Four ways knowledge workers will adapt to RPA in the workplace

April 17 2019

For decades, pundits and tech journalists have been heralding the rise of intelligent machines and how they will revolutionize the way we live our lives. A big part of that shift involves "intelligent" software that is supposed to transform the modern workplace.

With the arrival of accessible automation tools, often described as Robotic Process Automation (RPA), we are finally beginning to see a noticeable change in the way digital technology impacts our work routine. The successes of RPA early adopters have started to catch the attention of other businesses that are seeking to replicate their results. This momentum will propel RPA into the mainstream very quickly, and just as quickly, the average knowledge worker will have to transition from never having heard of RPA to possessing practical experience working with bots.

Here are some ways that RPA is transforming our experience – and our responsibilities – as knowledge workers.

Prepare to become a “bot boss”

You might have encountered self-serve checkout lines at your local supermarket. Instead of a team of cashiers scanning groceries, a single cashier acts as a trainer and supervisor for first-time users of this new system. They walk customers through the process and provide assistance when something unexpected happens. Implementing RPA represents an opportunity for many employees to be “promoted” to a similar supervisory role.

Suppose you spend several hours each week searching for emails that contain details on recent shipments, finding out which courier company the shipment is being delivered by, checking the status of the shipment on that courier’s tracking website, and typing that status into your company’s central supply chain database. With an RPA solution, you could train a bot to carry out the same series of tasks. You’ll just be responsible for monitoring your bots, which will allow you to concentrate on more strategic processes like performance analysis and inventory optimization.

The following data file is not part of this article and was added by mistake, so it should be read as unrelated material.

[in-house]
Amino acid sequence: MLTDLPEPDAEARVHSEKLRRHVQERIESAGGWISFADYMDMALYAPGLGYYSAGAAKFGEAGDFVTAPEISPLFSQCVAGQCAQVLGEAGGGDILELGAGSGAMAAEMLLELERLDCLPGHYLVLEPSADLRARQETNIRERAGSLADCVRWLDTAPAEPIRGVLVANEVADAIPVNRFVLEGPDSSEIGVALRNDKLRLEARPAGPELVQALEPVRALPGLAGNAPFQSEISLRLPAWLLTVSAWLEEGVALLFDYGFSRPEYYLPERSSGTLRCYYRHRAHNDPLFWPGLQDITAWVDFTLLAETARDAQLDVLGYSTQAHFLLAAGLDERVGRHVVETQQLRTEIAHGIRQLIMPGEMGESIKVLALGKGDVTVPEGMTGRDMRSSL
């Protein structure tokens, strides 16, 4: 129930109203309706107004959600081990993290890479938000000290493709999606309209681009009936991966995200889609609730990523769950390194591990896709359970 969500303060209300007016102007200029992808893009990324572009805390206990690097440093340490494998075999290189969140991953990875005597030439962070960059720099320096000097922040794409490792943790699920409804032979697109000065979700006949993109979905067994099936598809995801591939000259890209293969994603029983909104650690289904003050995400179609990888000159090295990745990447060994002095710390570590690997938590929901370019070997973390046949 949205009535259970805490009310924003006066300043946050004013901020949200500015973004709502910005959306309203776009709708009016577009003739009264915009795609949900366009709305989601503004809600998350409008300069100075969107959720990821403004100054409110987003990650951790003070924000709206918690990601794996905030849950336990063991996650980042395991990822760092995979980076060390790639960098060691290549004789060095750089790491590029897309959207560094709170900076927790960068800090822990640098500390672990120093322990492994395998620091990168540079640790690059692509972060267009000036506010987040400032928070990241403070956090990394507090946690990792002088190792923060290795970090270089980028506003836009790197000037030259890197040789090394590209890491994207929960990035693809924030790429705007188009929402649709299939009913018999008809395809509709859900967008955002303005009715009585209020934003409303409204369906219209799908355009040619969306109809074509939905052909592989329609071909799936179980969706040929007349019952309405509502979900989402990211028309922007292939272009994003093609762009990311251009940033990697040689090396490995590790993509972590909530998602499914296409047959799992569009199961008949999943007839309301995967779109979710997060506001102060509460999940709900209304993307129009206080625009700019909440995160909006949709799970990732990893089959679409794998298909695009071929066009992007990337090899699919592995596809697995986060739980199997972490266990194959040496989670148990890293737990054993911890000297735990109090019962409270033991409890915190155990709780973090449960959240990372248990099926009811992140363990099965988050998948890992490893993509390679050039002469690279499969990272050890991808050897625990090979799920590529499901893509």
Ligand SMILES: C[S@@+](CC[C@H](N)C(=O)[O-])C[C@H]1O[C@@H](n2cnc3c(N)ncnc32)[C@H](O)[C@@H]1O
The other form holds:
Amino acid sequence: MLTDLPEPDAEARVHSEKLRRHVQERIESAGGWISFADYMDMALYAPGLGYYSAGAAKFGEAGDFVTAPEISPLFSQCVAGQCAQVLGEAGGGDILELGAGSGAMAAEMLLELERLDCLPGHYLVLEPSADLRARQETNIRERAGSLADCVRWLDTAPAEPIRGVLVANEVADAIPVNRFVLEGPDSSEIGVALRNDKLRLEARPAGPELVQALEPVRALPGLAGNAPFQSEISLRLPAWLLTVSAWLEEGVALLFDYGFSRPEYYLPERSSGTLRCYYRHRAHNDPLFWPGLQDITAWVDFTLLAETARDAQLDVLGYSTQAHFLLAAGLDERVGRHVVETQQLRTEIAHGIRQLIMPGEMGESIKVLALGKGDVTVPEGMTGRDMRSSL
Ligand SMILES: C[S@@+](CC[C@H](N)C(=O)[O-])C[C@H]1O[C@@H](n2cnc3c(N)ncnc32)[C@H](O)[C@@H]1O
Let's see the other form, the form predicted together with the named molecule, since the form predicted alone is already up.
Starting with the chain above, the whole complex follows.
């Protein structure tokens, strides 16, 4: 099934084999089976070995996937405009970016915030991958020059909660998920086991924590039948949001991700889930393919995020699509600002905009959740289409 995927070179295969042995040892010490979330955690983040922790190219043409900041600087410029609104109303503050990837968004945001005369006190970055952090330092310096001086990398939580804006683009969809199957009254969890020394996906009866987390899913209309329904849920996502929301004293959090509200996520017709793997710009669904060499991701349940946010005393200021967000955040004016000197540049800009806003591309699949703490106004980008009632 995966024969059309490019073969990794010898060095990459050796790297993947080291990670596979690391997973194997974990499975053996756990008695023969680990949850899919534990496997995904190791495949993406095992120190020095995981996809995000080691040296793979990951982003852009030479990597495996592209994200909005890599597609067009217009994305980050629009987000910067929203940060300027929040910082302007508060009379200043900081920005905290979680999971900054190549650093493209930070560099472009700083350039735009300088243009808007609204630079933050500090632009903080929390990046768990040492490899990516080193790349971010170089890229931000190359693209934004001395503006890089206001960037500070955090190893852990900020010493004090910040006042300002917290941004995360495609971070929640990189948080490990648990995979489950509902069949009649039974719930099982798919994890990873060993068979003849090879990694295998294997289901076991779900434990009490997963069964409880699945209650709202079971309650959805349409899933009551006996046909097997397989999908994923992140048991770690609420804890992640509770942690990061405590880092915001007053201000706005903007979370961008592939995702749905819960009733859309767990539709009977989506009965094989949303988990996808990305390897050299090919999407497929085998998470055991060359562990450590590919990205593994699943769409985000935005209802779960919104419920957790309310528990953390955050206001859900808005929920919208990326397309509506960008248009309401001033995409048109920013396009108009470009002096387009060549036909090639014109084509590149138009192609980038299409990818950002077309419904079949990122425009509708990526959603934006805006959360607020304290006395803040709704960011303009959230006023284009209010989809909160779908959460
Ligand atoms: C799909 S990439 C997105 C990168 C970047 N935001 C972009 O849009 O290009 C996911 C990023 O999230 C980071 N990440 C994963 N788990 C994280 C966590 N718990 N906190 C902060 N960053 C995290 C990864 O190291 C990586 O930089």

Since your bots will use the same digital tools (email clients, web browsers, spreadsheets, etc.) as you used to, you’ll still rely on your prior experience working with those tools. You’ll also need to learn enough about the RPA platform to track how your bots are performing and intervene when they encounter situations they weren’t trained to handle.

Transitioning to a bot trainer

To take your career to the next level, you could learn how to train your bots on new tasks instead of relying on your IT department to make adjustments every time your tasks change. You’d quickly become a more agile, more valuable employee.

For example, if management decides that any part substitutions in your manufacturing processes need to be approved by two separate engineers instead of one, then you could train a bot to forward each substitution request to the correct personnel and only proceed with the change after the bot receives two approvals.

Even though several “no-code” RPA platforms exist that are much simpler than full-fledged application development, training complex bots often requires a basic understanding of programming fundamentals like conditions, loops, and functions. People who use computers and smartphones on a daily basis will catch on fairly quickly, but their shift in job focus could lead to difficulties similar to the sort that first-time managers often face.

About Norman Gottschalk

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